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Two Big Sawmills, Shipbuilding Plant, Creosote Preserving Plant, Two Stone Quarries,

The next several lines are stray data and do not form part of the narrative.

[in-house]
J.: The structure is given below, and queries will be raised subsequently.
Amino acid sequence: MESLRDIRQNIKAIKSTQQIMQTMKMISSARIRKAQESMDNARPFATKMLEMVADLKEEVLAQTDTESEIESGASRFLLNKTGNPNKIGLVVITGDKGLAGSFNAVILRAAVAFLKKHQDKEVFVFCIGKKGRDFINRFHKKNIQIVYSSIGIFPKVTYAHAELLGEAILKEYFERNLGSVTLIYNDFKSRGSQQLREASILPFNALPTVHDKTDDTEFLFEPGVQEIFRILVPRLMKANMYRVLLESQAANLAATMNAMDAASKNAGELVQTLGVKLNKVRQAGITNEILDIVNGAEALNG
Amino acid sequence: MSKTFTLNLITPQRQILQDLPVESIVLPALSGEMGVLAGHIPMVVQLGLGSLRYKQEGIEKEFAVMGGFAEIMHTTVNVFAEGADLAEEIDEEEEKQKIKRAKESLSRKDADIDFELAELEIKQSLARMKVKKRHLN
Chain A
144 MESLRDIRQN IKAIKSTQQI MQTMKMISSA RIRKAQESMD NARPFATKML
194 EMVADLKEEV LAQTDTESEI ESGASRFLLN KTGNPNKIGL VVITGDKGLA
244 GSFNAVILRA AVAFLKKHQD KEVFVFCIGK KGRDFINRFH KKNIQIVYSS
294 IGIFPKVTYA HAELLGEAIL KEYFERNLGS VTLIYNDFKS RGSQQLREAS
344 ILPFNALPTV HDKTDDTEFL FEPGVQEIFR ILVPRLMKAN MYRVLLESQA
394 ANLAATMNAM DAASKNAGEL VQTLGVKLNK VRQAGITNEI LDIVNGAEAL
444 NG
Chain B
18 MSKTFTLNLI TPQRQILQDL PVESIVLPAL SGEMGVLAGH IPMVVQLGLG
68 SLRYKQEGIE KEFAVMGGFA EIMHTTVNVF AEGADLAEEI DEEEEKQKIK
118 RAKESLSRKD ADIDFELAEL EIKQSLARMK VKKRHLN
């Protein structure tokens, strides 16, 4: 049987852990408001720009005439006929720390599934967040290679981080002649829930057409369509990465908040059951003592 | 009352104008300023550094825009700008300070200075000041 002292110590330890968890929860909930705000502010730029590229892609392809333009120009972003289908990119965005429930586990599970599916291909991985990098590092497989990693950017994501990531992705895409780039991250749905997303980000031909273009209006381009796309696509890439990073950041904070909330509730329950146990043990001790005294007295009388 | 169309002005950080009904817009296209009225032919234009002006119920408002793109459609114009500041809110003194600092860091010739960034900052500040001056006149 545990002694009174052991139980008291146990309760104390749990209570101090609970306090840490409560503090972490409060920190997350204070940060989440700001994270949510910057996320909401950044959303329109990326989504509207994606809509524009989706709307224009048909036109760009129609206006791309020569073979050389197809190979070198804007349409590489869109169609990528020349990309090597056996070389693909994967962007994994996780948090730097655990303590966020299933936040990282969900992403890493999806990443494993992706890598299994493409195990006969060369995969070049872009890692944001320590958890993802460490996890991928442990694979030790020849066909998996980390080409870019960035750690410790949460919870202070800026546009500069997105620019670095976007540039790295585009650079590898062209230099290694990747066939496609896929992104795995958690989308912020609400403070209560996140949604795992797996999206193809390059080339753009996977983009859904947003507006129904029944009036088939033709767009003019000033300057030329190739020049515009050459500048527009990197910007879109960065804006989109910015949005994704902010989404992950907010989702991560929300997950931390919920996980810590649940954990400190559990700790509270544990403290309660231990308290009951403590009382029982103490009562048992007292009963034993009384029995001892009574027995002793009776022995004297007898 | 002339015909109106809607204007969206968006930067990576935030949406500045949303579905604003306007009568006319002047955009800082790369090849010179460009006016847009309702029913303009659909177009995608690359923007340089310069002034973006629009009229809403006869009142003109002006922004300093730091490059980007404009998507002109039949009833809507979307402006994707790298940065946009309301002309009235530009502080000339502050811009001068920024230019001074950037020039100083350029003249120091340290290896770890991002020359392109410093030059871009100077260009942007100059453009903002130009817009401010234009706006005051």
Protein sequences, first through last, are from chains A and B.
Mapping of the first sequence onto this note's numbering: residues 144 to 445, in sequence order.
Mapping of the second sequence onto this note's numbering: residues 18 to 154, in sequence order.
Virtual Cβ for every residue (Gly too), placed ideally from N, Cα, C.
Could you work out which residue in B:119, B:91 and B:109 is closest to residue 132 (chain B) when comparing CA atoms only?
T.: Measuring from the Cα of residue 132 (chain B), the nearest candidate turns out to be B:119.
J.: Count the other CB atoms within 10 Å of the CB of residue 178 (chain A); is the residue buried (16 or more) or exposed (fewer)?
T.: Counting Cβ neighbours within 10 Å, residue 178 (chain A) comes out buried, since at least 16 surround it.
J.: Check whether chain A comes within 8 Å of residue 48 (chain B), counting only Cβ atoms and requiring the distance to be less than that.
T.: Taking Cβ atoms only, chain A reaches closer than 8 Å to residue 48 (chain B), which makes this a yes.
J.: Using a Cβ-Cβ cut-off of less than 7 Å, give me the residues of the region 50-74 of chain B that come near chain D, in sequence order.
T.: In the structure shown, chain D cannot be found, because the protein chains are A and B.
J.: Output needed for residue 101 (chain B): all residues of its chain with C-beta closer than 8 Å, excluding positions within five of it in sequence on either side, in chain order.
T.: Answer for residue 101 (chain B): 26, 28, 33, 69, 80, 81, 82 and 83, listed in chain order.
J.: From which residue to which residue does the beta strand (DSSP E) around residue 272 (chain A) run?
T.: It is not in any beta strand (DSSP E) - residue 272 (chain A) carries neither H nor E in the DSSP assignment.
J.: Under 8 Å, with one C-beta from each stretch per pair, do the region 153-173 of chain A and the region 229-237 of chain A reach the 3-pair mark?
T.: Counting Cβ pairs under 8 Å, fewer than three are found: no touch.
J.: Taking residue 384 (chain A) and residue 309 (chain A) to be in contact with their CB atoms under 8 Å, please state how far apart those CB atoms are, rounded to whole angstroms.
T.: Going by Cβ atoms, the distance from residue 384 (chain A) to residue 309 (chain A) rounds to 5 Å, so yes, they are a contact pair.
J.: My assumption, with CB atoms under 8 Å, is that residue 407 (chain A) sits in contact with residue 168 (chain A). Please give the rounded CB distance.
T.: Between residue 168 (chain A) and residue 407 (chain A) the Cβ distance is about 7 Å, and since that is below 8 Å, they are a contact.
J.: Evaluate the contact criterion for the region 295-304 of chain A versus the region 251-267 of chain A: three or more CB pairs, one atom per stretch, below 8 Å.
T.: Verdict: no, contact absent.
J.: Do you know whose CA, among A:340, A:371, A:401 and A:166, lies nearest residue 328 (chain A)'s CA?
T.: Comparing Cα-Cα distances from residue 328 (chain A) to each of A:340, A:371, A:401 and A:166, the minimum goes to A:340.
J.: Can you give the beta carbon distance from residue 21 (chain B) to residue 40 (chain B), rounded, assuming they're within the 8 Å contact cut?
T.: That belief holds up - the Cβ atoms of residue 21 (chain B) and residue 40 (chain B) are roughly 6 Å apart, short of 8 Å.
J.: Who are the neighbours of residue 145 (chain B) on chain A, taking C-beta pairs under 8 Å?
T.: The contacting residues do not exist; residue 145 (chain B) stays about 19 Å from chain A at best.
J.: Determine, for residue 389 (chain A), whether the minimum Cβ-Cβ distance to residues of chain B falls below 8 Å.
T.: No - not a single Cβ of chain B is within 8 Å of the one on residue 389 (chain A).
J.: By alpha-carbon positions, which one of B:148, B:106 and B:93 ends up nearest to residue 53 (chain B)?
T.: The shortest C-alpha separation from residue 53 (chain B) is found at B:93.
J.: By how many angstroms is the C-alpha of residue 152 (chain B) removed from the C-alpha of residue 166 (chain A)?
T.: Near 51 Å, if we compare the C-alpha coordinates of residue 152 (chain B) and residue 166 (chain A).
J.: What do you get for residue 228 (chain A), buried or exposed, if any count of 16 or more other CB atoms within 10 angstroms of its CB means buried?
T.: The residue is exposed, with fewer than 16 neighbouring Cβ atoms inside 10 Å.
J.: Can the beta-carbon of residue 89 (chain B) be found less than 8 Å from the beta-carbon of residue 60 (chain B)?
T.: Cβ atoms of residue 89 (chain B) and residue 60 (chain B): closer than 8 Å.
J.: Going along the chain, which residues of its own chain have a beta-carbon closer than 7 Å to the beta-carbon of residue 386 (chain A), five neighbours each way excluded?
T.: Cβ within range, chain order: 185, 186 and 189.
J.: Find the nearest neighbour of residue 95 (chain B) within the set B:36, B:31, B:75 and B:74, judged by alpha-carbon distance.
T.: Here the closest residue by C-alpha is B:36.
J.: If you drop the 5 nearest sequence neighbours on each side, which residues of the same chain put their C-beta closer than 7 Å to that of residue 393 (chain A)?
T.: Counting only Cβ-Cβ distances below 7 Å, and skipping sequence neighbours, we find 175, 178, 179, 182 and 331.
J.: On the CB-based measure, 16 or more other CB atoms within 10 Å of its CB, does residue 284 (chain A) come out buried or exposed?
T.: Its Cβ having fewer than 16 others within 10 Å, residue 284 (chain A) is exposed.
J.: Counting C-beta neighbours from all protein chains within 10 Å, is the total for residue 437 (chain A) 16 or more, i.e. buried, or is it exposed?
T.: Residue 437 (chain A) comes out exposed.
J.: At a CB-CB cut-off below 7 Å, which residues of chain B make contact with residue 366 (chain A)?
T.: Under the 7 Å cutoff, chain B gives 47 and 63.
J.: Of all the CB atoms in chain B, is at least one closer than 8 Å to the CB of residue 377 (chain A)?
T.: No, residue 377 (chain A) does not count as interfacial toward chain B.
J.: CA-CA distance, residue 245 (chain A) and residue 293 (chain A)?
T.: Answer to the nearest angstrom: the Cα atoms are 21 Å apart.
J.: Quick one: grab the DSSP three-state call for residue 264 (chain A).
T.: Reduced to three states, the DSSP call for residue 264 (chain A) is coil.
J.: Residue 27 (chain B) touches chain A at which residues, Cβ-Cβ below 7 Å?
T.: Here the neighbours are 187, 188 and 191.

Fruit Canning Factory, Steam Laundry, Co-Operative Creamery, Fishing Industry, Municipal Water Plant, Columbia Highway, Rail and Water Transportation. Greatest River on the Continent, Electric Lights, Live Wire Commercial Club, Improvement Co., Columbia County Fair, Mild Climate, The Best Soil, Choice Fruit Land, Prettiest Scenery, Four City Parks. ST. HELENS MUCINS MONTHLY M ROLL $60,000.00 , A j '' . yf if ' ax OFFICIAL PAPER OF COLUMBIA COUNTY PIONEER PAPER OF COLUMBIA COUNTY VOLUME XXXV. ST. HELENS, OREGON, FRIDAY, JANUARY 28, 1916 NO. 6 I I . I I X V I I 1 I X X. I . I II I r II r a .mm w CONIES GROWING CREATES ENTHUSIASM Many Young Indira Have Already Ouniiimiml Work In Content NOMINATIONS Ixils Clear, 8t. llulon. Dorothy John. Kt. I IuIhiih. lues Barber, HI. Helens. Gladys AHliby, Ht. Helen. Mildred Alien, St. Helous. Maria Ulxun, St. Helens. Mm. E. K. Dill. St. Helens. Edrlo i-u Hare, St. Helen. Mrs. Earl Hard, Huulton. Ethel Drew, St. Melons. Edna Uarlman, St. Helens. Ella lluttan, St. Melons. Gladys llolibs, 81. llelons. Adulla Link, St. lluliins. Fay Lynch, St. Helens. Edna Harris, St. Helens, lllena Paulson, St. Helens. Iteth Perry, Houltun. Elsie Kullberg, Warren. Slbol Burgess, St. Helens. Edith Clark, Huulton. Helen White, lloulton. Juanlta Moflltt, lloulton. Maggie Sponco, Houltou. Nellie Dunne, lloulton. Dolllo Cooley, St. Helens. Fannie Cooper, Warren. Florence l.ariun, Yankton. Morrella lllack, St. Helens. Maud Harrison, St. Helens. Nadlne Nuce, St. Helens. MIhs Morley, lloulton. Nooma Clilttlm, St. Helens. Judging from the Interest that lias been tttanifoBtod In the groat prize voting content so far thore Is going to be a great scramblo for the $10 In gold to bo given to tho contestants having the largest number of votes on Fob. 9. Tho Bpecial prize is worth winning and the contestants realise the fact. Tho contest Is an assured fact," There has never beenactH"WflC In thlRjocuUjKwIiCTe more or better prizes have been offered or a more strict adherence to justice and equity to all participants. The Mist doslres to emphasize the point that every contestant will bo afforded an ab- ... -1 . . , uiuiuiy luir uoai. The names of tho Judges will be announced soon. Hear in mind the merchants who are giving coupons with every dollar cash purchase: Noah's Ark, Von A. Gray, A. T. Klblan, Jus. Mucklo A Son, Illlllanu & Hall Co., E. A. Hobs, II. Morgus & Son, A. J. Doming. When you trado at those stores be uro and ask for coupons. Every one little piece of cardboard bearing 25 votes may win some friends of yours the beautiful Obermeyer & Sons pi ano. - J Get your friends to subscribe for tho Mist. For each one yoar now : subscriber you will receive 600 votes; renewals for one year, COO. For d..Ii a 1. 1. t I . I .. .. lAA on.,., uiiv eur uhvh BUUBuriHluu iv votes. -, Thore Is already a large list of contestants but thore Is opportunity to nominate others. Fill out the nominating blank and Bond It to this olllco. Also cut out the vote coupon and oast it for your fuvorlte. In order that every contestant may fully understand the votes during the con test, the Mist wishes to state that the . contestant having the largest number of votes during the contest will be warned tne piano as first prize; the one having the next largest number of votes will have the first of the other prizes, and so on until all the prizes have been distributed. Use the free coupon In this Usue. ; If you Know of any lady who has not been nominated whom you think would make a good race, use the nominating blank In this tssuo and ; tend her name to this office, or bring It-In porson and It will be entered. : it matters not If she be slnglo or , .married. This Is a popular voting contest, not necessarily a young lady '" Vntlnv AAtiiAur DmJ a. I a i AN OLD FLAG "Old itr" One Hundred Old Yearn S. E. Smith presented tho city of St. Helens with a Hag that Is worthy a place In the mllltury archives of tho United Slates. The nag lius henn liundud down In tho Smith family from generations and It Ih known to ho over 100 years old. It Ih faded and torn, with bullet holes and other evidence of war. It was In tho battle of Hull Hun and also in tho hlntorlc buttle of Gettysburg. It was used In tho 100th reglmeut Indiana volunteers. It measure night by fifteen feet, with the standard number of strlpcH and 38 star, representing tho num ber of states in tho union when the Hag was mude. W'hllo It was proKcnted to the city, it has not yet been formally accepted. No doubt Muyor Morton will provide somo function for Its formal accept ance. It is a valuuble historic emb lem, valuable beyond dollars, and deserves a patriotic and public ex pression of Its real hlHtorlc worth. It will be placed In the vault of the city recorder's olllco, where It will be safe from fire, and what Is cuul)y as dungorous, souvenir fiends. COLUMBIA THEATRE CHANGES HAND II. O. Strom of I'ortlnnd, informs us that the Columbia Theatre of this city bus been tuken over by himself and others and will bo opened by the new owners next ThurBdny evening, February 3rd, 1916. Not only will there bo a change in owners, but a new policy will be Inaugurated, the theatre allowing every night In the week Htid uIho Saturday and Sunday afternoons. The name of tho theatre will also bo changed, "The Strand" being the new name. Tho program will be changed four times every week, on 8unday, Ypsduy, Thursday and Saturday, and the admission will be S and 10 cents for every perform ance. The chug, chug, of the englno will be dispensed with and there will be music at every evening performance. Taking it all In all, we bellevo the pooplo in St. Helena and vicinity will notice a vast Improvement, not only In tho quality of the pictures bIiowii, but also in their willingness and pur- poso In trying to please tho public. On the opening night they will pre sent Gertrudo McCoy In the great four-act traglo feature, "Juno Frl day." There will also be shown llllllo Reeves, tho comedian, in "An Artful Artist." Good shows will be appreciated by the people of St. Helens, and from what Information we have, good pict ures will be shown. DINNER PARTY Mr. and Mrs. II. M. Allen entor tttined Saturday evening at the home of Mrs. Richard Cox with dinner party. The event was the anniversary of Mr. Allen's birth The table was beautiful with a center piece of red carnations and ferns. The guests present were Mr. and Mrs. W. Q. Mucklo, Washington Muokle Mrs. Richard Cox, Al Mohr, Reese Hall and Miss Lois Clear. regulations on anothor page and govern yourself accordingly. Some one Is going to receivo these prizes and you can help decido who it "will bo. . The first count In the contost will be on Wednesday, February 9, at which time $10 In gold will bo award ed to the contestant receiving the largest number of votes. Many frlonds of the young ladies of St. Helena and vicinity linve nom Inated 'their favorites already and above will be found the complete list of names that , have .been nominated to date. These contestants, now that they have been nominated by their many friends, oro privileged to start In the Popular Ladies' Voting Con test immedlutoly. Remember there Is a great deal'of fact In the little saying, "The early bird catchos the first worm." 'An early start will help a great deal. ST. HELENS LUMBER CO. AND ALLIED PLANTS The Tlnibermau of Portland, has the following sketch of the McCor mlck Interests In this place: Tho ('has. R. McCormlck interests of Hun FranclHco, have Installed, dur ing the past few years, enterprises at St. Helens, Ore., which in importance and variety rank high among tho operations on tho Columbia and Wll lumetto rivers. The company operates two saw- milla, tho St. Helens Lumber Co. and the Columbia County Lumber Co., the combined cut of which approx imated 82,500,000 feet during 1915, this being the record cut of the Port- und and Columbia river districts for tho year. In addition to the two mills which are under the active man agement of II. F. McCormlck, the company has the St. llelons Creosot- lug Co. and the St. Helens Shipbuild ing Co., the former under the man agement of V. H. Wiggins with offi ces at Portland and the hitter in charge of J. II. Price, a well known anu capable shipbuilder who for a number of years owned the Price shipyards ut Prosper, Ore. A logging camp with eight miles of railroad is operated in connection with tho sawmills, with Del mar Mas ten In charge. This camp has been running Blnce September, logging about 3.000,000 feet monthly. Tho St. Helens CreoBotlng Co. has done a good business during 1915 and Is ready for a busy year In 1916. Tho St. Helens Shipbuilding Co. bus under, construction thrco scows 96 ft. by 2 8 ft. by 6 ft. 8 Inches, for the Columbia Contract Co. of Port land. Tho Chns. K. McCormlck C'o.'s fleet now consists of ten steamers and one schooner. The vessels are the steamers Klumath, Willamette, Mult nomah, Celllo, Wapama, YoHemite, San Ramon, J. II. Stetson, Temple E. Dorr, Nehalcm and the .rchooner Forest Home. Each boat Is operated by a separate company of which Chus. It. McCormlck is the head. Manager H. F. McCormlck has gathered around him a group of loyal and able assistants. S. C. Morton, auditor of the St. Helens Lumber Co., is also mayor of the city. C. C. Cas- satt is a valuable man in the sales end of the business. C. II. Mann is bookkeeper for the St. Helens Ship building Co. and has olllces at the yurds on Sauvtcs Island. HIGH SCHOOL NOTES. Tuesday evening one of the fastest bnsketbnll games of the season was played in tho Sunset gymnasium, bo tween the S. H. II. S. and f ranklin H. S. Tho scoro was 16 to 18 In favor of the luttor with only one more minute to play, when our boys showed up their "pep" and ran the score up to 19 to 18 In our favor. Evory member of the team played a good, fust game throughout. The lineup for St. Helens was as follows: forwards, Wellington and Doavers; guards, Zysett and Laws; center, Porry; Droits substituted for Deav- ers In the last part of the last half. We have a new student enrolled In our ranks. Wednosday morning Miss Addlo Adams of Portland, regis tered in the sophomore class and we understand will be an addition to our tennis team noxt spring. Saturday evening our baseball toiun meets Rainier on tho hitter's floor and we hope to scoro a victory over them In return for the defeat we met from their hands a short time ago. LaBt Monday morning all eyes wero attracted to the new program that had beon put on the sideboard during the week end. Some class. Notice to all whom It may concern: All those who aro not good footracers are advlBod to go around by the Congregational church when entering town as the boys aro throwing the snow away from around tho school building, Dud there might bo danger of your , receiving some of this on your structures, as many know from exporionco. Our sub-treshlos aro progressing very well in their classes and are be ginning to act like students, already. WEATHER REPORTS The twelvo inches of the "beautiful snow" hav disappeared and mother earth Is again In evidence. However, Bnow commenced fall ing again Monday evening, and on the following morning the ground was covered to a depth of five Inches. The recent cold spell was a record breaker, that Is to hear the expres sions of the present time. The human mind is very unreliable, es pecially when It comes to the weath er. "Never saw the like Blnce '88," was the universal comment. Well, you have, too. No longer ago than four years, a similar winter was experienced. Jan uary 7, 1912, there was a foot of snow and a sheet of sleet on top. Tho weather was clear and cold. The mill closed. The next day four additional inches of snow fell. The snow was so heavy that the shed over th? planer broke down with a crash breaking pipes, setting the sprink ling business in operation, floodin that part of the mill. The warmth of the Bteam inside the mill caused tons of snow to slide down. The day following the mercury registered 16 auovo. We received the above information from J. Q. Gage, who was employed at the mill at the time and recorded the condition of tho weather and events at the time. OBITUARY. WATK1XS Glen Watklns, son of Mr. and Mrs. H. P. Watklns, was born December 14, 1885, in St. Helens, and died January 19, at his home In this city. He received his education and spent nearly all his life In St. Helens. Glen had a great many friends here and. in the surrounding cities. He is survived by a mother and father. one brother and a nephew, Mr. and Mrs. H. P. Watklns, Frederick Wat klus and Kenneth Pratt. The funeral was held from the Congregational church. Rev. J. Fos ter, officiating. ISItOKDKIt Mrs. Ruth Broeder (Ruth Decker) was born December 14, 1S96, In St. Helens, Oregon, and died January 19, In Portland. Mrs. Broeder received her education in St. Helens and lived in this city until six years ago. when she moved to Portland, where she lived until her death. Mrs. Broe der was married April 4, 1915, in Portland, tj Elmer Broeder. The funeral took place in Portland. She is survived by a husband, mother and father, brother, grandmother and two aunts, Elmer Broeder, Mr. and Mrs. L. L, Decker, Harold Deck er, Mrs. Decker, Mrs. Eugene Miles and Miss Maude Decker. SUNSET VICTORIOUS The Sunset basketball team showed its old time superiority last Saturday evening by annexing an easy victory over the C. B. B. C. jun ior alumni, Portland. The final score ended 45 to 16 in our boys' favor. It seemed for awhile that the Sunseters were going to have a real walk away, but the Portland boys came back strong in the second half and held the score about even. It was a much better game than the score indicates, as both teams were up and coming all the time, but the team work of the home club was bound to triumph. Had Clifford, the miniature forward for C. B. B. C. been In form, the score would have been far different. A small crowd witnessed the game, which shows that the Sunset club is not getting tho support they should. They will always assure you of a good game, bo turn out and help them win. This coming Saturday night (29th) a game has been sched uled with the second team from the Multnomah club of Portland. REAL WINTER F. P. Phillips of The Dalles, Bpent several days in this city during the past week. While The Dalles Is only a little over 100 miles up the Columbia from here, they had real winter ' weather during the recent cold spell. Mr. Phillips informs us that tho mercury registered 17 de grees bolow zero, and cattle- were driven across Columbia on the" ice? AS OTHERS SEE US The City of Kt. Helens "Plucks the Grajei" Once again the little city of St. Helens on the Columbia river, steps forth and "plucks the grapes." The shipyards there are making another giant five-masted, motor-power schooner, the building of which will keep dozens of high-priced mechanics at work for the next six months. Already on the ways there sits the City of Portland, almost a mate of the ship Just started and perhaps the largest single deck wooden ship in the world. Thus Is St. Helens showing there is not only a demand for wooden ships on this coast, but also what local capital can do when turned to ward shipbuilding. A short time ago St. Helens got an order to bid in five or six ships. The yards were already full and word was sent back to the Eastern firm that at least two of the contracts would have to be sent to Portland. St. Helens couldn't handle them all. The new motor schooner will be almost 300 feet long, with a beam of 46 feet and a carrying capacity of 2,000,000 feet of timber, or practi cally 3500 tons dead weight. For rapid loading and unloading, the vessel will have four Bteam winches. A report from St. Helens declares that "the shipbuilding company will have to double Its force of work men and make all possible haste to get both vessels out as soon as pos sible, for the freight rates are very high now and vessels very scarce and these two ships are in demand." Coos Bay lias the facilities for building good-Bized Ball and steam schooners, as many good craft that sail the seas give ample evidence. Marsh field Times. LATE NEWS FROM WARREN School reopened Monday. What a beautiful picture the snow makes on trees and fences. Miss Mary Thomas returned Sun day evening for school duties. Mrs. Nelson of Goble, is visiting her sister, Mrs. John Farr. Mr. McKinster, the new black smith, has returned from visiting his family at Goble. Albert Larson is making use of the snow in getting logs from his timber down to the bay. Most of the school children are getting two sleiglirides a day now and some fun between times. Next Tuesday evening will be the last meeting of our Grange before the Pomona meets and the master urges every member to be present. Mr. and Mrs. D. L. Turner of Gresham, have moved onto the Muckle ranch. Mr. and Mrs. Harlow Anderson have moved Into their cot tage in St. Helens. Pomona Grange will be held here Feb. 5th. The afternoon meeting will be open to the public. Speakers from the Oregon Agricultural College are expected to be present. There were more -than thirty in at tendance at the Taxpayers' meeting Tuesday evening, including several from St. Helens. The recall was the main subject of discussion. The constitution and by-laws adopted by the county league were adopted here, Officers were elected for the coming year as follows: P. H. Lund, presi dent; C. J. Larson, vice president Oscar Erickson, secretary-treasurer. CHURCHES. Eplseopul Church. There will be a service in Christ Episcopal church next Sunday even ing, Jan. 30, at 7:30. All are wel come. Congregational Churcli, 10 a. m., Bible school; 11 a. m "God's Finger PoBt;" 6:30 p. nv Christian Eendeavor; 7:30 p. m. "Dead Flies" Violin solo by Prof McCoy. Special singing. John Fos ter, Ph. B., B. D., minister. M. E. Church. Thore will be the regular services nt the M. E. church on Sunday. If necessary, oil stoves will be UBed to bring the tomperature up to the com fortable point. Let all members and friends come out. F. N. Sandifur, pastor. A GREAT SHOWING 1915 LUMBER SHIPMENTS Shipments of Bt. Helens Lumber Co. 100,000,000 Feet - The year just closed was consider ed an unfortunate one In the lumber trade, but the shipments from this place during the year 1915, makes a remarkably good showing. The total output of the two plants la in excess of 70,000,000 feet and added to this Is the output of the creosotlng plant and a piling and tie concern which brings the total shipments for the year over 100,000,000 feet board measure. The total shipments for the year were as follows: January, seven ships lumber, 5,000,000 feet; February, nine ships, 6,000,000 feet; March, 18 ships, 7,600,000 feet; April, 16 ships, 6,700,000 feet; May, 15 ships. 6,600,000 feet; June, 10 ships, 4,- 000,000 feet; July, 16 ships, 7,000,- 000 feet; Aug., 11 ships, 8,000,000 feet; September, nine ships, 3,800, 000 feet; Oct., 10 ships, 4,500,000 feet; Nov., 10 ships, 4,800,000 feet; Dec., nine Bhips, 4,600,000 feet. The greater part of this has been. shipped to San Francisco and South' ern California ports for distribution among the mines of Utah and New Mexico, but the following shipments have been made for foreign and At lantic coast delivery: For Peru, one cargo, 900,000 feet; tor Australia, one cargo, 850,000 feet; for London, one cargo, 3,000, 000 feet; for India, one cargo, 3,500, 000 feet; for Mexico, two cargoes, 2,100,000 feet; for Honolulu, two cargoes, 2,050,000 feet; for New York, two cargoes, 2,600,000 feet. With the Increased demand for lumber, it is expected the production of 1916 will add greatly to that of the past year. As an Interesting fact in regard to the pay roll of longshoremen in stow ing the above shipments, it costs from 75c to 81.00 per thousand to load vessels. SAFETY FORUM Upon invitation from the Portland Chamber of Commerce, the St. Hel ens Commercial Club has sent dele gates there to a special meeting call ed Safety Forum and after a banquet short addresses will be made by Mr. Marshall of Oregon Industrial Acci dent Commission on "Conserving Human Energy"; L. C. Gilman, pres. S. P. & S. Ry., "The Value of Human Lifo"; Harvey Wells, State Insurance Commissioner, "The Price of Ineffi ciency". The delegates sent were Mayor S. C. Morton, R. H. Rawson, superintendent Creosotlng plant, and Judge John Philip. " , . WOMAN'S CLUB The St. Helens Woman's Club held a very interesting meeting Tuesday afternoon at the home of Mrs. I. W. Day. The subject for the program was James Whitcomb Riley. Selec tions from Riley's poems were read by several of the ladies. Mrs. Day served chocolate. The club meets every second and fourth Tuesday at 2:30. The sub ject of the next meeting will be Lincoln, roll call to be answered by quotations from Lincoln. A GOOD RECORD The council did not meet Monday evening for the reason that no quor um was present. Recorder Quick in forms us that this is only the second meeting since the election of the pres ent council when a quorum failed to respond. Mighty good record. .' BIRTHS. Born To Mr. and Mr. E. R. Keh ley, of Trenholm, Jan. 20, a daugh ter. . , Born To Mr. and Mrs. Sib Miller of Railroad addition, January 21, a daughter. By wireless It is learned that the schooner Virginia, recently pur chased .by local capital, is ten days out of Sydney and will reach Grays Harbor about March 15, when It will be turned over to the new owners.